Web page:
Street smart: the rise and rise of informal eating

By Coco Piras
Gone, it would seem, are the days of families sitting down together at the dining table every evening to eat dinner. Research suggests we don't do that very much at all - and those of us who do tend to sit down together in front of the telly, plate on our lap.
Dinner trends are evolving – and this applies to both eating out as well as in. Overall, there's been a shift away from formal dining to a far more casual dining experience, allowing for the rise of what you could call a street food lifestyle. Homewares retailer Oldrids and Downtown has been taking a closer look at what's happening on the dining scene. 

Formal v casual dining: the waiting's over
Restaurant dining has traditionally been fairly formal - a restaurant has almost always referred to an establishment where you go to sit at a table and enjoy a meal cooked for you with table service. 
A recent survey suggests 70 per cent of adults are frustrated with...wait for it... the aspect of waiting in a restaurant. Indeed when 18-34 year olds were asked about their biggest frustrations, 42 per cent cited waiting for food to arrive and 30 per cent said waiting for a table was a drag.
In recent years the shift has been towards a more casual dining experience.  We've all been influenced by the proliferation of now pretty good fast-food and take-away restaurants, and a formal or fine dining experience isn't people's number one choice when it comes to eating out. Restaurants offering buffet style food, street food and outdoor eating spaces are what we want, especially if we have kids in tow. 
What about cost?
According to a report by Trajectory, the affordability of eating out is major consideration for families. Chains such as Wetherspoons, Nandos and The Harvester offer casual, comfortable dining experiences that are moderately priced and tend to offer us a more relaxed atmosphere. Nandos, in particular, has been voted the UK's favourite restaurant chain on - proof that what we really want our restaurants to be is casual.
The rise of the pop-up restaurant
We've become a nation eager to try new experiences when it comes to food. A survey by Eventbrite of more than 2,000 people who've attended pop-up dining venues found 75 per cent of them believe a unique dining experience is worth paying extra for. And having looked at 40,000 plus pop-ups, Eventbrite found this is the fastest growing dining trend — recording 82 per cent growth over the past year. With 66 per cent of us Brits describing ourselves as passionate about food and drink, the UK is really has become a foodie nation.  Also, 74 per cent of people attending pop-up dining experiences say they like interacting with the chef and seeing their food cooked in front of them. With figures like this, could traditional formal dining now be a thing of the past?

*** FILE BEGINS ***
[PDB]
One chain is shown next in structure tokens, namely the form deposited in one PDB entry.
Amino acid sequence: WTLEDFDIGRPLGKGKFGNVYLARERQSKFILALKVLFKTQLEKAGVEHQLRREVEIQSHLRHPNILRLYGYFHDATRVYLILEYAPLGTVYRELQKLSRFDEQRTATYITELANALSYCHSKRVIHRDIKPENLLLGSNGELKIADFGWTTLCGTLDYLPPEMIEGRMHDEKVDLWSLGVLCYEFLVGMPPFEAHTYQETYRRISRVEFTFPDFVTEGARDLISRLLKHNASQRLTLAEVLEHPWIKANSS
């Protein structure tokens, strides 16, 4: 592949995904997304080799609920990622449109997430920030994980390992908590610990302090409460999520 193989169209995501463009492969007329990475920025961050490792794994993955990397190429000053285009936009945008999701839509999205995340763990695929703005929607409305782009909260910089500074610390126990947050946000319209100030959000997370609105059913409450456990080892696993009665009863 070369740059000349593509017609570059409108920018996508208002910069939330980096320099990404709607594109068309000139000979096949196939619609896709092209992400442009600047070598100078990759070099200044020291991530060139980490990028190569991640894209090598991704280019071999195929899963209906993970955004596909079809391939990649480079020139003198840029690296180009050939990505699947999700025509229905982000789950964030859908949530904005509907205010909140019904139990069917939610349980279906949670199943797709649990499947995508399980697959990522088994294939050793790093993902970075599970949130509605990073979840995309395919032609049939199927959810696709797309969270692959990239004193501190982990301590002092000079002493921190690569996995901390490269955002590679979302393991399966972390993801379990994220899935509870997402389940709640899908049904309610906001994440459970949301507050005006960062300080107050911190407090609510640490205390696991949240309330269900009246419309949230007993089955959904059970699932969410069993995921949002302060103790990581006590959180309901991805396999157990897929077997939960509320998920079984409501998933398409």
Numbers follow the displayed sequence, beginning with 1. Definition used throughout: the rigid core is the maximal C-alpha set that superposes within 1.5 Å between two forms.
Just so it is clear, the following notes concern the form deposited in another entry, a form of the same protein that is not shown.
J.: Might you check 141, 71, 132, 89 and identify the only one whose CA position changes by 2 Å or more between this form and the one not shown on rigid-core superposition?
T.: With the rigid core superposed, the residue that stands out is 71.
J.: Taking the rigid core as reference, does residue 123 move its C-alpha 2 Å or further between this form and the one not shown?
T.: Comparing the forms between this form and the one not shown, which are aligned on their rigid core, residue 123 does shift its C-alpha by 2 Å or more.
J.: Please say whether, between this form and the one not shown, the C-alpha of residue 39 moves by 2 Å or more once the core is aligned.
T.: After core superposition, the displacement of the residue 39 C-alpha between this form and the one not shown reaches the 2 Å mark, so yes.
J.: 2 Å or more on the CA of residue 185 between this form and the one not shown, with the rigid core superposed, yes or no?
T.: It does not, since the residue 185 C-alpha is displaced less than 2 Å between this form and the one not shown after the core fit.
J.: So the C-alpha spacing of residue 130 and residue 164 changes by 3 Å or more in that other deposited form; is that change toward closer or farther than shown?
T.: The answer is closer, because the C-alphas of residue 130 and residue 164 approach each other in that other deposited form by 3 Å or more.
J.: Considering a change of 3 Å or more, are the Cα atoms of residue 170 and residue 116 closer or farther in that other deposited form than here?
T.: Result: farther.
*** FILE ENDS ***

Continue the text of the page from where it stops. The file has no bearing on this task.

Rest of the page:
Food on the street
Street food used to mean grimy white vans selling chips and greasy burgers. Today's street food however has gone gourmet and it's international, taking influence from Asian countries, where everyone eats street, so to speak. Street food caters for every taste, whether you want Thai, Chinese or Indian, or juicy burgers or pulled pork baps. And younger people love it because it's like no other dining experience - there’s no dinner table, no fancy's quality casual - and it tastes even more delicious when you're eating together with friends at a music festival or market. 
We all seem to feel time is precious and sitting waiting for a meal in a formal restaurant is something fewer of us are prepared to do. We're the 'I want it and I want it now' generation when it comes to food, so no wonder quality street food vendors are doing such a roaring trade.